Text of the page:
A lot of people blog about how much their job stinks. Mine’s not bad. I’m grateful to be gainfully employed and while my job is full of challenges and frustrating situations here and there (and I’m taking negative real wage increases for life), I’ve stayed in the same role for a couple years now because I actually enjoy the work. We don’t have a lot of great perks, but one that I really cherish is the ability to work from home occasionally. Not to be one to push the limit or be outside the norm, I’ve been working from home about 1 day a week for the past year now. In my role, about 90% of my meetings are international calls overseas and with virtual desktop sharing and company conference lines, there’s really no reason why my workday has to be in the office most days. Because there might be a perception amongst some that working from home isn’t efficient or that people are goofing off, I do it less than most. Other project managers in the group often work from home at least twice a week so I keep it to a minimum comparatively, but just that 1 day a week is real nice. Anyway, aside from being a nice perk in the “work-life balance” and flexible working category, that 1 day a week that I work from home actually saves me over $500 a year. There are a lot of little hidden costs to working in the office compared to out of the house. While you may not bear all the same expenses yourself, here’s the spread between an office day and home day for me:
- No commute: I have a pretty short commute and people shouldn’t whine about gas prices for the reasons therein, but even so, a short commute comes with a cost. If we use a basic $.50/mile for gas and depreciation (ballpark what the IRS allows for mileage reimbursement), my 5 mile commute each way is $5 a day in commuting costs alone.
- 1 Less Day of Dry-Cleaning: $2 – I usually pay a buck something for a shirt and pants are a couple bucks, but realistically, I re-wear my pants a few times (yes, I admit it. I buy wrinkle-free khakis and recycle) and in the summer, I wear a short sleeve button down now and then that gets washed/dried at home. But both my wife and I hate ironing, so anything that requires ironing goes to the dry-cleaner. Thus, we’ll call it an even $2/day.
- Cheaper Lunch: While I have to eat either way, even though I eat at the company cafeteria most days and won’t claim any savings by not going out to lunch with colleagues, it’s still more expensive to eat a wrap or burger or whatever prepared at the cafeteria. With tax, I usually end up paying about $6 for lunch. At home, I usually have some cheap leftovers, some chips with cheese on top, a PB&J, or something that effectively costs about $3/day on average. That’s a savings of about $3 each time I work from home.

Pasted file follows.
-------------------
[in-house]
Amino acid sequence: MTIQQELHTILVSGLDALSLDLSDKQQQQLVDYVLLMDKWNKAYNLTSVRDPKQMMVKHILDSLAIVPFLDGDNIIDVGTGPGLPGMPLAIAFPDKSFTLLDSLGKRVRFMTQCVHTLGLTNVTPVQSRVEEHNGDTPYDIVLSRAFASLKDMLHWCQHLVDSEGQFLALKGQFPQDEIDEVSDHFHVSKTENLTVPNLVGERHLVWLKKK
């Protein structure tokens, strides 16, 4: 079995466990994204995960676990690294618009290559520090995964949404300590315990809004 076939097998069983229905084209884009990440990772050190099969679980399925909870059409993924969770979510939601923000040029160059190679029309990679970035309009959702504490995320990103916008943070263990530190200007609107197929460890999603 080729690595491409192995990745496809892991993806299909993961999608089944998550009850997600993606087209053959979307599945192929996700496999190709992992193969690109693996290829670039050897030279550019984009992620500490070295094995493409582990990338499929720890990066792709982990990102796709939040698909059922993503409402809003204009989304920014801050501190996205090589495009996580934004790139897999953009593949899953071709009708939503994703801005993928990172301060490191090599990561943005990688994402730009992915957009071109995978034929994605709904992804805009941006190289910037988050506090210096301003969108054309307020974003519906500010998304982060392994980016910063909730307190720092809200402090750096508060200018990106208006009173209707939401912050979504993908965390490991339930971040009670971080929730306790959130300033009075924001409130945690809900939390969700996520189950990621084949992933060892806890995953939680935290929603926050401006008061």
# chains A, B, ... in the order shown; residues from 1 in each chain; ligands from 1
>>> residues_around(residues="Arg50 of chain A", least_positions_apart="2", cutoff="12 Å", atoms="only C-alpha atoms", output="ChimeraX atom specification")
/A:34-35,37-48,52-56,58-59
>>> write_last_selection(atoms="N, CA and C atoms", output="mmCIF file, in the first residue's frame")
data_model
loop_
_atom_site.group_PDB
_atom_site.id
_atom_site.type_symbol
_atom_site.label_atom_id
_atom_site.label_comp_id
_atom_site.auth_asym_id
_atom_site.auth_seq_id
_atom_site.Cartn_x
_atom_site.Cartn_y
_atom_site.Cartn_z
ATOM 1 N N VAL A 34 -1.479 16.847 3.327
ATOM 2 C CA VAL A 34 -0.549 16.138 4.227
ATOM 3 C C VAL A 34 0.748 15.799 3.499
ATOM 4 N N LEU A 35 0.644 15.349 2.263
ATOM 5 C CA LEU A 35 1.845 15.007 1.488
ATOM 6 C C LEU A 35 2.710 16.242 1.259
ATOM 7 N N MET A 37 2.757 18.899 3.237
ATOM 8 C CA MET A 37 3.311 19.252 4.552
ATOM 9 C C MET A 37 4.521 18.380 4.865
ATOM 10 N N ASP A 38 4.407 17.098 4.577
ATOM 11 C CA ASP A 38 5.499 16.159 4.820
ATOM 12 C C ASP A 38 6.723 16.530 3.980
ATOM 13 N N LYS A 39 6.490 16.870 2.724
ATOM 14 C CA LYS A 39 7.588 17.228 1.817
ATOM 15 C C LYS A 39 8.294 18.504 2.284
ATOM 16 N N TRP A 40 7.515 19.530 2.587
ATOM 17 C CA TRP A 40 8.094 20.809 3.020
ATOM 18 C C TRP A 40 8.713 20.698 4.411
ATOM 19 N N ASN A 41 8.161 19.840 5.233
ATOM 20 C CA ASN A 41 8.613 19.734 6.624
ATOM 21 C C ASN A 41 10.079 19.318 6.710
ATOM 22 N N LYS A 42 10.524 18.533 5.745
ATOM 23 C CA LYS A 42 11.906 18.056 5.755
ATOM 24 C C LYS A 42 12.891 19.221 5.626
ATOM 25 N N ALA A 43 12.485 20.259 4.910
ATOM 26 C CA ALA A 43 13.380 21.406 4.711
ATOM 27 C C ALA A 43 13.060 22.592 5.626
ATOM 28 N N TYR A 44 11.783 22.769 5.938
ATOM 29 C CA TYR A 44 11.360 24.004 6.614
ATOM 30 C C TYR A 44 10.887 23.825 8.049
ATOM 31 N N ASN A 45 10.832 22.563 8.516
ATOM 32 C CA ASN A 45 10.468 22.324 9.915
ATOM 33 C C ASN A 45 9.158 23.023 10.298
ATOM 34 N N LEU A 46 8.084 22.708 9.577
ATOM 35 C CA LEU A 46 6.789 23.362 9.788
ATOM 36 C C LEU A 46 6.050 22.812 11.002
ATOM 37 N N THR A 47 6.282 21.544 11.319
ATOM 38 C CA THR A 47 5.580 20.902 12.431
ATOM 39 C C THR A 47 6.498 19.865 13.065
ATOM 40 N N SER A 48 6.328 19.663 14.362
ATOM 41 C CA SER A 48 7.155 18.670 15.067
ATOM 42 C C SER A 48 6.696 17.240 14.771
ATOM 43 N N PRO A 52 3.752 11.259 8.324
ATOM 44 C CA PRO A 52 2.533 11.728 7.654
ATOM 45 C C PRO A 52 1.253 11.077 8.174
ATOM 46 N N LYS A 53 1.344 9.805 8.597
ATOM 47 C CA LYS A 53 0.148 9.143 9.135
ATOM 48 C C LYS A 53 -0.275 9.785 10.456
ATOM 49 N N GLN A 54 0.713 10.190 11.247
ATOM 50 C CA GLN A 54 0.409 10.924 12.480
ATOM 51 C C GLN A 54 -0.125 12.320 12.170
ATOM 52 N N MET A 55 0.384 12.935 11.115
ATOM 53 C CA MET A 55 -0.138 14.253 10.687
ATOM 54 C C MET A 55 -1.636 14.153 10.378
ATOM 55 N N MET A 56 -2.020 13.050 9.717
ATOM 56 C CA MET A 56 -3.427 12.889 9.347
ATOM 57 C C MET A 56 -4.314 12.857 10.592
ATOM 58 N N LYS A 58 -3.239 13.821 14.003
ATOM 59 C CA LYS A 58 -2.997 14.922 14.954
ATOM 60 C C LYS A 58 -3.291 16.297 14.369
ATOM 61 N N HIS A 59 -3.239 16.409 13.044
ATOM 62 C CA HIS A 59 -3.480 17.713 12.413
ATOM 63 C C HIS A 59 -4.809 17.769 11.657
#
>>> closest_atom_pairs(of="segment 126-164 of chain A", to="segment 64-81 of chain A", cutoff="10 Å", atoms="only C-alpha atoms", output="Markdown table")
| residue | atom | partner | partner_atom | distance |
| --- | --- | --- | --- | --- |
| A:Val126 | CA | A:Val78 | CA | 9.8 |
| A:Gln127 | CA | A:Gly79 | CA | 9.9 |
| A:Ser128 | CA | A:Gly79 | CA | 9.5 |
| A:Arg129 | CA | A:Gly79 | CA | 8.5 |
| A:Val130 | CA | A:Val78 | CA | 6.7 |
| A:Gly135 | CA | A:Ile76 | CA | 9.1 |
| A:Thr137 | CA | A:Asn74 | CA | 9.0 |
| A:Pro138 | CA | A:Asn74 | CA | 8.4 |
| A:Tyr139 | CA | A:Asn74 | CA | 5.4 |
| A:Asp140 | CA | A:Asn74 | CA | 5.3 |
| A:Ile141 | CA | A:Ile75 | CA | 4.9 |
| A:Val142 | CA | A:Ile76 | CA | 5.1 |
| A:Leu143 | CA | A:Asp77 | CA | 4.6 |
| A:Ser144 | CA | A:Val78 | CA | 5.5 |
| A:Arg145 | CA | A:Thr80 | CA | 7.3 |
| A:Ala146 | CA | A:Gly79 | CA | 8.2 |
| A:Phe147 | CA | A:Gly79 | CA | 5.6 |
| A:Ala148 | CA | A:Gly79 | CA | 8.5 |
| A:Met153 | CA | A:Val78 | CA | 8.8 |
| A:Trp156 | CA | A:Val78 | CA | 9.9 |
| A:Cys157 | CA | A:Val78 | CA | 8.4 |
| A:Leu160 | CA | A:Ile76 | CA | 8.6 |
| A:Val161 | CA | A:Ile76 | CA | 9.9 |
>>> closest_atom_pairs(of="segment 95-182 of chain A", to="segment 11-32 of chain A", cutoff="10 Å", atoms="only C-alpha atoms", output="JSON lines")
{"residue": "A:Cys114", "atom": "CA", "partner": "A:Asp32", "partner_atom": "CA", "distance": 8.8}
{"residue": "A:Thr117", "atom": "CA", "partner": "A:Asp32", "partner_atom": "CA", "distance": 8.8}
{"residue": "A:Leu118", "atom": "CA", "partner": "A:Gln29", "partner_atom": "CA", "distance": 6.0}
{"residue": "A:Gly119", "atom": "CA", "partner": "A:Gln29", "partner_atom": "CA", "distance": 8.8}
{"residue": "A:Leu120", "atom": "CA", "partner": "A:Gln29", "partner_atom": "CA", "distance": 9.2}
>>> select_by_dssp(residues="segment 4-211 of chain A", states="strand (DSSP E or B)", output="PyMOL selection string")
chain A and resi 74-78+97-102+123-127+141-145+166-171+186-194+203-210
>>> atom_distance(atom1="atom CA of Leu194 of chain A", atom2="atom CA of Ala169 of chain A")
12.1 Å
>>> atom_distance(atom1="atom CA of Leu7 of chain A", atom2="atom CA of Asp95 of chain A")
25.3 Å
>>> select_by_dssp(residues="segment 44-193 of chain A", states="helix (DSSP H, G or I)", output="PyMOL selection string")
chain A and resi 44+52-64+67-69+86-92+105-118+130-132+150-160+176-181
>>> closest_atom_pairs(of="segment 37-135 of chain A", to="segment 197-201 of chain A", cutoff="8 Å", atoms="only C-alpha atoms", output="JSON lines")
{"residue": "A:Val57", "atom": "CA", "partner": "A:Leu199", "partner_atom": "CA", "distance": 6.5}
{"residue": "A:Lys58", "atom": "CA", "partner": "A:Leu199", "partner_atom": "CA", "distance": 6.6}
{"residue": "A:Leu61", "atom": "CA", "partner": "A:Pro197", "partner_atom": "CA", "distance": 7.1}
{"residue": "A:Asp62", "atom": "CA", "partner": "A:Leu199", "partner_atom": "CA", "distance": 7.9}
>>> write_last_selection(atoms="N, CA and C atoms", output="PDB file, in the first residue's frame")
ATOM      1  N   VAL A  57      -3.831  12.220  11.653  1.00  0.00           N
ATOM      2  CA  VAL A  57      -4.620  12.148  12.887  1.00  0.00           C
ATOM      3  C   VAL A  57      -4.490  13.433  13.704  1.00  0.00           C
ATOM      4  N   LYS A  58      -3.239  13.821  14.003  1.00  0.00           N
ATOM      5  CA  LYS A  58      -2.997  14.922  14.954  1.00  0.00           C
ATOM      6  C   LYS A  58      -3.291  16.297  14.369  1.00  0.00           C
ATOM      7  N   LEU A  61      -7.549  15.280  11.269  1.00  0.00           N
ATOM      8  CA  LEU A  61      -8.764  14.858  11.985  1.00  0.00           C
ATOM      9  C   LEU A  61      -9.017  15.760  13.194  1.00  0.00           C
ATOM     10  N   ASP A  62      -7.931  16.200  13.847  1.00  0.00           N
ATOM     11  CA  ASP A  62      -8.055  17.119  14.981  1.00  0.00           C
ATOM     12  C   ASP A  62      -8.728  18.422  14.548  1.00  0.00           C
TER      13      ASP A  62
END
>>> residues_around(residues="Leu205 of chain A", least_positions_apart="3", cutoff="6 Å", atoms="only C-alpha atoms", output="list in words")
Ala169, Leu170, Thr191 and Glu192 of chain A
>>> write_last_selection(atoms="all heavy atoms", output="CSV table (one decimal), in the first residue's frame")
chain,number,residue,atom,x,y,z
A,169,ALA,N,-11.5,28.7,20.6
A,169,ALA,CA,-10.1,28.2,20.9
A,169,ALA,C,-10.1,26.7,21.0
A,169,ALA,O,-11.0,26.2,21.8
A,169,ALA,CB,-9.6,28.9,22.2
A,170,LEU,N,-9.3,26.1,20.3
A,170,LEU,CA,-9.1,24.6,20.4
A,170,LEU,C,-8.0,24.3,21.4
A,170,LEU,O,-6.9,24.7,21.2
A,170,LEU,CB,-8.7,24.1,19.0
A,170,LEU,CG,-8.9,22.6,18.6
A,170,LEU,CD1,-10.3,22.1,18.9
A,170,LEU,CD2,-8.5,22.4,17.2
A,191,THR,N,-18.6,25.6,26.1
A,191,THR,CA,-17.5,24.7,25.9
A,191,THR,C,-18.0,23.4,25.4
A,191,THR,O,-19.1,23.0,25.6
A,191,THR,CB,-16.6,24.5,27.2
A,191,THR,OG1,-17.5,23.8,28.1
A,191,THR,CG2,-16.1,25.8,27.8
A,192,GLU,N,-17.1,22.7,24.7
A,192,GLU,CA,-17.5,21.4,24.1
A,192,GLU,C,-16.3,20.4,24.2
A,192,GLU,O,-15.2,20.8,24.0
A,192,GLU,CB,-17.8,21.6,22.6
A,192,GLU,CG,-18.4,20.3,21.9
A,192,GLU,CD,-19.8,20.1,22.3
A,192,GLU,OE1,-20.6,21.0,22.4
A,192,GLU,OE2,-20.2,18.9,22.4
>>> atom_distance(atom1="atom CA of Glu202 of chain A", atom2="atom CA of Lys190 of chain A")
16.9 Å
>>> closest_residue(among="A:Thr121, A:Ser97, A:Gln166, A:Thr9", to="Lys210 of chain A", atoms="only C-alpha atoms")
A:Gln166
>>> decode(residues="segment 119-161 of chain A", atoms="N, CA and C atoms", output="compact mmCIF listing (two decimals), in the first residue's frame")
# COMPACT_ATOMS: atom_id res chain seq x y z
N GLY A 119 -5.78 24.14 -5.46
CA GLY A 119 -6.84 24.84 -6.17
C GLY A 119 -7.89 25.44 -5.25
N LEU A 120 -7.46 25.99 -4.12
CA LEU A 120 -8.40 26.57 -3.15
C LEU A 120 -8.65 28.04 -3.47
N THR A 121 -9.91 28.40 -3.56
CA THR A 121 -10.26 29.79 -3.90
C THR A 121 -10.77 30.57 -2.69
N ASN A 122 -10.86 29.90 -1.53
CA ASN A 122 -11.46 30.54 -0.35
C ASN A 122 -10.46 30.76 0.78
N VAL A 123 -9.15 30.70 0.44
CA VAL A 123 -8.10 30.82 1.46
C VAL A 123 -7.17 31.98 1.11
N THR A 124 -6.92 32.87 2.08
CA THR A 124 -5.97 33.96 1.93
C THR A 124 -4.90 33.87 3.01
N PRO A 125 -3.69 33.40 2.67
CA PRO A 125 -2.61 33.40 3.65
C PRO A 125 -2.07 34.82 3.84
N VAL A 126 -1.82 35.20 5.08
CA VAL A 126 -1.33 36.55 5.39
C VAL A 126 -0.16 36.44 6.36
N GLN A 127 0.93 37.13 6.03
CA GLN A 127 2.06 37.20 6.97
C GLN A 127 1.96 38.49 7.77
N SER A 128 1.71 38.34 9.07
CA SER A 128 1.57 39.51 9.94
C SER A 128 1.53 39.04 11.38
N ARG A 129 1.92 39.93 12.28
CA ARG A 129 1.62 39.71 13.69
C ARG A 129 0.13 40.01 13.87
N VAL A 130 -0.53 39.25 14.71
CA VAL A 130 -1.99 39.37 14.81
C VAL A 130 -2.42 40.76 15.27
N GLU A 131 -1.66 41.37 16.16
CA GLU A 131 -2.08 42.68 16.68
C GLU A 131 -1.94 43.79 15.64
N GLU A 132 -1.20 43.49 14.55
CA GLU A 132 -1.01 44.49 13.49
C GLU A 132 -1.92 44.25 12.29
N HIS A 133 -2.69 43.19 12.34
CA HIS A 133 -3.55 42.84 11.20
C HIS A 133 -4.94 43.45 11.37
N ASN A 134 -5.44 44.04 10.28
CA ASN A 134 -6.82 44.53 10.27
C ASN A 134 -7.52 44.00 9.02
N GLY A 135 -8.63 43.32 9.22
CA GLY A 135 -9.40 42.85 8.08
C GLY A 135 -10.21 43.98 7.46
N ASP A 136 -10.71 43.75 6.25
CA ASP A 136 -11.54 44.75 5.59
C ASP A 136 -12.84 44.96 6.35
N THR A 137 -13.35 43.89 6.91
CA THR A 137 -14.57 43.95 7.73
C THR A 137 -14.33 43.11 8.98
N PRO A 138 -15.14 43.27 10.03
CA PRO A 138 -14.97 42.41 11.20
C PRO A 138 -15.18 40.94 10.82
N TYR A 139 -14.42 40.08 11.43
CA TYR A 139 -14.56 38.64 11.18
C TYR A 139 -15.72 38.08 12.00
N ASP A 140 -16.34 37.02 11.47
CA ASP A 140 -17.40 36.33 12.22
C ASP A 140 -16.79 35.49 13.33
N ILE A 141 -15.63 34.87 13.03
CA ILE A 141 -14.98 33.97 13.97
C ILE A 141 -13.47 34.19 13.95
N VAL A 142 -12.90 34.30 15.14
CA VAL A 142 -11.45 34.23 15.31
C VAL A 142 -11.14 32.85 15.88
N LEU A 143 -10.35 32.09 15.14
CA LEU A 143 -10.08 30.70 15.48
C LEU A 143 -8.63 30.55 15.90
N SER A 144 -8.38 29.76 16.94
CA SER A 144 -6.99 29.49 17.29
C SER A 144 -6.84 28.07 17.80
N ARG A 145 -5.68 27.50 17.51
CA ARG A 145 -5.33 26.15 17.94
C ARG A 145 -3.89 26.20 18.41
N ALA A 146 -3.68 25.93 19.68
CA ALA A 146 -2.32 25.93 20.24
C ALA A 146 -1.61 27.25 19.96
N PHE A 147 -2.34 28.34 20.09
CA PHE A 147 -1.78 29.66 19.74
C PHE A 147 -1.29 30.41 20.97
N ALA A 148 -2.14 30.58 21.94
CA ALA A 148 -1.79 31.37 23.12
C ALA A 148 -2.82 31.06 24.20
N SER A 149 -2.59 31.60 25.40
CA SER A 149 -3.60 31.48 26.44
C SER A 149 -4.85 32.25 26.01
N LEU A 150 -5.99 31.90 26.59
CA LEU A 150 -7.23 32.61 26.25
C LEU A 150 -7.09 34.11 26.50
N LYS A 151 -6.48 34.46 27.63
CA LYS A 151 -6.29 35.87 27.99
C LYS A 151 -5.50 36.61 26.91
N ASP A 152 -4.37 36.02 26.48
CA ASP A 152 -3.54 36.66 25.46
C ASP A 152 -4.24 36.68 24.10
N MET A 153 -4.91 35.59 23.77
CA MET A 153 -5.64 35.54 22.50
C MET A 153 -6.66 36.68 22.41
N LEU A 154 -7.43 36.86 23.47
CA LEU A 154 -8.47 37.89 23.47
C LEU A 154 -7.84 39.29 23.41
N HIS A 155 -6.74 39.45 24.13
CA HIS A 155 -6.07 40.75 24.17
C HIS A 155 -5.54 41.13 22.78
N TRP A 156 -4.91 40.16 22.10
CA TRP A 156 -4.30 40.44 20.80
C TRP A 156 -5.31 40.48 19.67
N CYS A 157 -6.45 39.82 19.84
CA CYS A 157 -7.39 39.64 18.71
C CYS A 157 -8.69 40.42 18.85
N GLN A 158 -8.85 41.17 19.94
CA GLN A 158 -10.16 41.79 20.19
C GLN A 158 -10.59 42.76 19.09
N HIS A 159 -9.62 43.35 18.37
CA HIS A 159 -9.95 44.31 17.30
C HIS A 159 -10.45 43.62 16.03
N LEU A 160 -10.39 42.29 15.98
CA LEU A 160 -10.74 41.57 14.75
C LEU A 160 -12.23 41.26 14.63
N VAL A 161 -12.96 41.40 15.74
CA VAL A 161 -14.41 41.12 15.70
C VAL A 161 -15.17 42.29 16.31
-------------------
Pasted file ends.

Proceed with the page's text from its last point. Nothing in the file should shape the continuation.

- Coffee: I already brew my own coffee in the morning regardless of whether I work from home or the office. But some afternoons, I have an urge for some additional caffeine and end up buying one now and then. It’s not every day, but possible every other. Since it’s like $1.50 for a regular and $3 for a mocha, which I only get occasionally, I’ll just call it $1 a day on average to be conservative. When I work from home, I brew my own in the afternoon which is probably just a few cents.
- My Time: Priceless. If I have a 7AM call to Singapore, I can just roll out of bed at 6:50AM, log on and make my call. That beats the heck out of getting up at 6, showering, eating, making the coffee, etc. and rushing in for a 15 minute drive in. On that drive issue, 15 minutes each way is 30 minutes of my time back in a day. That’s equivalent to a blog post that night!
While I take a couple weeks off a year anyway, let’s call it 49 weeks*$11/week in savings for simply working from home once per week. That’s $539/year! From a salaried standpoint, since this is $539 in after-tax money, it’s probably the equivalent to getting a raise of $750 each year. It’s amazing what a difference a day makes!
Does Your Job Have Perks That Save You Money?